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tts - QPD Blotter for 10/23/14 - Quincy, IL News - QuincyJournal.com
Sounds to me like an insurance scam!
GoSalukis - GREDF supports Quincy School Building Referendum - Quincy, IL News - QuincyJournal.com
The real question is: Who in the world is looking to GREDF for voting guidance? Yawn.
mwhunter45 - REBEL MEDIA: So I have a sign in my yard - Quincy, IL News - QuincyJournal.com
I understand that teacher's do not have opulent salaries but the statement about throwing good money after bad is biased. From what I have heard, the schools are structurally sound. Also, the state should not have tell us what repairs have to be made as they should have been completed as necessary. Doesn't the school district have paid staff to understand the state laws for maintenance…
pjohnf - Rauner makes Quincy stop on downstate swing - Quincy, IL News - QuincyJournal.com
Rauner doesn't have to tell voters in Cook County to vote. they'll be voting early and often anyway, heck even dead ones vote in Cook county and republicans vote for democrats when using faulty voting machines.
TheyRclueless - QPD Blotter for 10/23/14 - Quincy, IL News - QuincyJournal.com
Stolen was a purse, wallet, credit card, iPad, 18-inch TV, GPS, cash, diamond earrings with matching necklace, and sunglasses. Doesn't everyone keep those items on an unlocked car behind your house?

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Some money for state employees’ back wages included in budget bill

4 months, 3 weeks ago Doug Finke and Tobias Wall, State Capitol Bureau

Bill contains $50 million that will be used to pay workers

From Doug Finke and Tobias Wall, State Capitol Bureau :
Some money to make good on back wages owed to unionized state workers since 2011 is included in a capital bill the Illinois House approved Wednesday.
House Bill 3793 contains $50 million that will be used to pay workers at five state agencies who saw their scheduled pay raises canceled in 2011. They’ve been owed the money ever since.
However, the amount is less than half of what is owed to the workers. Gov. Pat Quinn’s administration puts the total amount at $110 million. The American Federation of State, County and Municipal Employees puts it at $112 million. Most, but not all, of the affected workers are members of AFSCME.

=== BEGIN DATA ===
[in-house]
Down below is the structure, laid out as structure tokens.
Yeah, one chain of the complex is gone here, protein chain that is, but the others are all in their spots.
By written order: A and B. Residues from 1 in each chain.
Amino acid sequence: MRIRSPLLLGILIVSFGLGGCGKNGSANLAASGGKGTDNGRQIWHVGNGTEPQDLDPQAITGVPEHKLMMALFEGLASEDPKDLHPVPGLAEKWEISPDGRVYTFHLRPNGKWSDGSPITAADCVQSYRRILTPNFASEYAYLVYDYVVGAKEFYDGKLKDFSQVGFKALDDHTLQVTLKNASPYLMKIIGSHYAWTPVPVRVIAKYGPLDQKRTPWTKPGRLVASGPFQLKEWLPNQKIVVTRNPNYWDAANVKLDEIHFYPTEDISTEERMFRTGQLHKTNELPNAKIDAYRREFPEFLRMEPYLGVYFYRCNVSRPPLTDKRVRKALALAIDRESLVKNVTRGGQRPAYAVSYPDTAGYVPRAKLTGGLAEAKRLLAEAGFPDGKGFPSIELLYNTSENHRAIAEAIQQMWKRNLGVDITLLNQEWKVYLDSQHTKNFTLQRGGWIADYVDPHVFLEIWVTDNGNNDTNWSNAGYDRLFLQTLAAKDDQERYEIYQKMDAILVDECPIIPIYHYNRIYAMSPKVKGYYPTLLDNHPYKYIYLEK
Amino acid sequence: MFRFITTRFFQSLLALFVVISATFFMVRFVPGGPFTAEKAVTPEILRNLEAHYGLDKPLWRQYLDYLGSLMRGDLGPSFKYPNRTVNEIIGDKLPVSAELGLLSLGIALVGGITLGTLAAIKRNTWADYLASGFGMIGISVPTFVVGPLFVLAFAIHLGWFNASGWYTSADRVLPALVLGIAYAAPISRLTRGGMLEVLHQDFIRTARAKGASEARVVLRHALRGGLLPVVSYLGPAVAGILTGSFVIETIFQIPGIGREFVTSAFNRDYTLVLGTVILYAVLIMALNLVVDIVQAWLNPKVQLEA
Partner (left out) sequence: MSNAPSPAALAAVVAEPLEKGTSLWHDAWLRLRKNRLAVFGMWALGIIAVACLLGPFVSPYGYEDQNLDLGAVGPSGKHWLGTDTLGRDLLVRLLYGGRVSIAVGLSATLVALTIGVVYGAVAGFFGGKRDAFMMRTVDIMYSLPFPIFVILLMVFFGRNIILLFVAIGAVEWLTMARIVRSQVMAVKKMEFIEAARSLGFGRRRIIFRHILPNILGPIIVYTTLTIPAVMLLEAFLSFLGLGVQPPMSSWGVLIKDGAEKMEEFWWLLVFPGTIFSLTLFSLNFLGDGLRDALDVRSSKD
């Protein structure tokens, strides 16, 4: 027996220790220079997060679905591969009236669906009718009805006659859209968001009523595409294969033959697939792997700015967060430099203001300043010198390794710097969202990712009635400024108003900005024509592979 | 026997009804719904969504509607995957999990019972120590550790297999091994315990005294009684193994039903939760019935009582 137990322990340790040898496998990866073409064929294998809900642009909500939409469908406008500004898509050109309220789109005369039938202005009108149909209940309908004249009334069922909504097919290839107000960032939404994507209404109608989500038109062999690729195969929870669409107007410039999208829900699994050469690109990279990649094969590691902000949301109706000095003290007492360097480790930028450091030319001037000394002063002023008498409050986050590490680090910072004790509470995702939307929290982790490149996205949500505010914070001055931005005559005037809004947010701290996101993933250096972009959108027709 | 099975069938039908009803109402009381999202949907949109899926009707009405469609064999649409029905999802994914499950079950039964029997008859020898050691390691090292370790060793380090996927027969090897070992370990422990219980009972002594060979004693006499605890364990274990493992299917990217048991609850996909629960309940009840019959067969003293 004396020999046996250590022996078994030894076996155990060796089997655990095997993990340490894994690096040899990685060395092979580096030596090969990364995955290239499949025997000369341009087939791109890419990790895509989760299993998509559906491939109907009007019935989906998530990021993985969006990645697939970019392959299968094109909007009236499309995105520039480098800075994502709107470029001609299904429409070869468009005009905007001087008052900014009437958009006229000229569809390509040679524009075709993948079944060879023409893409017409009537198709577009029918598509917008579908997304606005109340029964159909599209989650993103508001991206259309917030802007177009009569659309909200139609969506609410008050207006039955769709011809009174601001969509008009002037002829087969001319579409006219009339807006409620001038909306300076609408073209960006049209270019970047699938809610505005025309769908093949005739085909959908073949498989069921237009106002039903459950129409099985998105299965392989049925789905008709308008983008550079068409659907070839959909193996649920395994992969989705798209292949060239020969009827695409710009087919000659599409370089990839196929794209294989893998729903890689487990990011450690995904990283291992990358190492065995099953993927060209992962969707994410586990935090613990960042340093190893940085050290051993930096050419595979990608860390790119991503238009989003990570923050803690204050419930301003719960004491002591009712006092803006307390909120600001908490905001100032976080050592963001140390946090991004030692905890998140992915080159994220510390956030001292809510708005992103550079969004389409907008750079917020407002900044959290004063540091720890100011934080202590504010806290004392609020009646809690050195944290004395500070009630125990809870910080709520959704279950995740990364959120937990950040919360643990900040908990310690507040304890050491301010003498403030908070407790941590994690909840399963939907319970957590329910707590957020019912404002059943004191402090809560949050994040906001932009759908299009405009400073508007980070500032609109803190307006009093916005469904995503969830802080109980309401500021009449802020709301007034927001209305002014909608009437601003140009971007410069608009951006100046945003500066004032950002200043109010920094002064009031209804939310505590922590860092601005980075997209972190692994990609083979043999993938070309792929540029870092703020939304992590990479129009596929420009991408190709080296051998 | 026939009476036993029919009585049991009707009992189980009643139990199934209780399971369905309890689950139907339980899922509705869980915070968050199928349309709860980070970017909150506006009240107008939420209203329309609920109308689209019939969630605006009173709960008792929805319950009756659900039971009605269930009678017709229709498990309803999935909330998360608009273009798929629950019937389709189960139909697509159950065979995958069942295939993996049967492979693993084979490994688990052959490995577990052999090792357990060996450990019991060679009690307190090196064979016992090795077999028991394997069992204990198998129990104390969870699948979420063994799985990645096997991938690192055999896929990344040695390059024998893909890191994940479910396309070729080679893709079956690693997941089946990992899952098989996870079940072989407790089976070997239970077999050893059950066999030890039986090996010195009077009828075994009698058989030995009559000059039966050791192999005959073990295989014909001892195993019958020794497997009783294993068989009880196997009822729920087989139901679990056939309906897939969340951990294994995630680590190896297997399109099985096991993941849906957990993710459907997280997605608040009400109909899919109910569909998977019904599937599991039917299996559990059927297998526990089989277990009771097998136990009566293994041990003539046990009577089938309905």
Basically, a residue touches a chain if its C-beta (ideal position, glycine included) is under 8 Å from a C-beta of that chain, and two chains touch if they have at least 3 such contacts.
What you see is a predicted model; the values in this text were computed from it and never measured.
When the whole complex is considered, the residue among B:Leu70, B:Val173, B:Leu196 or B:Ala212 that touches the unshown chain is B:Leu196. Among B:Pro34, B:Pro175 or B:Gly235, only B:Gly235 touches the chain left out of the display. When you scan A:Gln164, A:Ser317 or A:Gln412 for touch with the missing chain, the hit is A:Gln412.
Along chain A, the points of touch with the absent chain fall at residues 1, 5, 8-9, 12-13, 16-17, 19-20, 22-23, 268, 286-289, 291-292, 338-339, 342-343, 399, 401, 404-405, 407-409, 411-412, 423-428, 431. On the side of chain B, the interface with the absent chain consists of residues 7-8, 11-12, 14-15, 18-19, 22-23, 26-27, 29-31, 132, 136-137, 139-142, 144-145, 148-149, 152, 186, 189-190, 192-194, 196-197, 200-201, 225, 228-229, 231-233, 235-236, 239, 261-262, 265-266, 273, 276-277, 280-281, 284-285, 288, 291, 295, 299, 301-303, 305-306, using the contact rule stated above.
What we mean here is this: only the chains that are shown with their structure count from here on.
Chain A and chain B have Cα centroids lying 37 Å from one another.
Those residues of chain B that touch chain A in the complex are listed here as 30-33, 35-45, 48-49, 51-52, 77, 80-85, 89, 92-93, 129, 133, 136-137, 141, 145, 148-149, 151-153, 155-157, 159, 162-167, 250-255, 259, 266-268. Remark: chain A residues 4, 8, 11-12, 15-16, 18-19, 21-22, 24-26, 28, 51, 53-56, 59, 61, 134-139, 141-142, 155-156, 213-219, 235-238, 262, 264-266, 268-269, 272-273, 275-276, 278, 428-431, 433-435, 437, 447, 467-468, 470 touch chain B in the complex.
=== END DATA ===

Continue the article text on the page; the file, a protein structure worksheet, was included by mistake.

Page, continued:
“This is a partial payment, but it’s a step forward and long overdue,” AFSCME spokesman Anders Lindall said. “We’re pleased. It’s payment on what is the state’s oldest back bill. We understand in these very difficult budget times there are constraints on what’s possible. We’re going to continue to work until every penny earned is paid to state employees.”
Quinn in July 2011 canceled raises due to thousands of state workers because he said the General Assembly did not provide money to pay them. Since then, workers at some state agencies did receive the raises they were due when those agencies found money through other savings.
However, thousands of workers at the departments of Human Services, Corrections, Natural Resources, Public Health and Juvenile Justice are still owed money. The issue ended up in court, and a judge ruled the workers had to be paid but did not set a deadline for payment.
The amount in the bill represents 45 percent of the money owed to the workers. Lindall said if the bill becomes law, the plan is that each of the affected workers would get 45 percent of what they are owed.
Other spending included
Back wages for employees wasn’t the only part of the bill. It also included $50 million to be applied to the Chicago Teachers’ Pension Fund, $35 million for school construction grants in Chicago, and $40 million to pay for school maintenance grants for downstate school districts. The bill also contains money for water and sewer projects and to restore a theater in Chicago.
Some Republicans complained about spending $50 million on Chicago teacher pensions. However, the bill’s sponsor, Rep. Barbara Flynn Currie, D-Chicago, said it was justified.
“We pay for all the downstate teachers’ retirement money, and we have been giving short shrift to Chicago over the years,” Currie said. “If we were going to fund them the way we’re going to fund their downstate colleagues, we would be spending not $50 million, but $543 million.”

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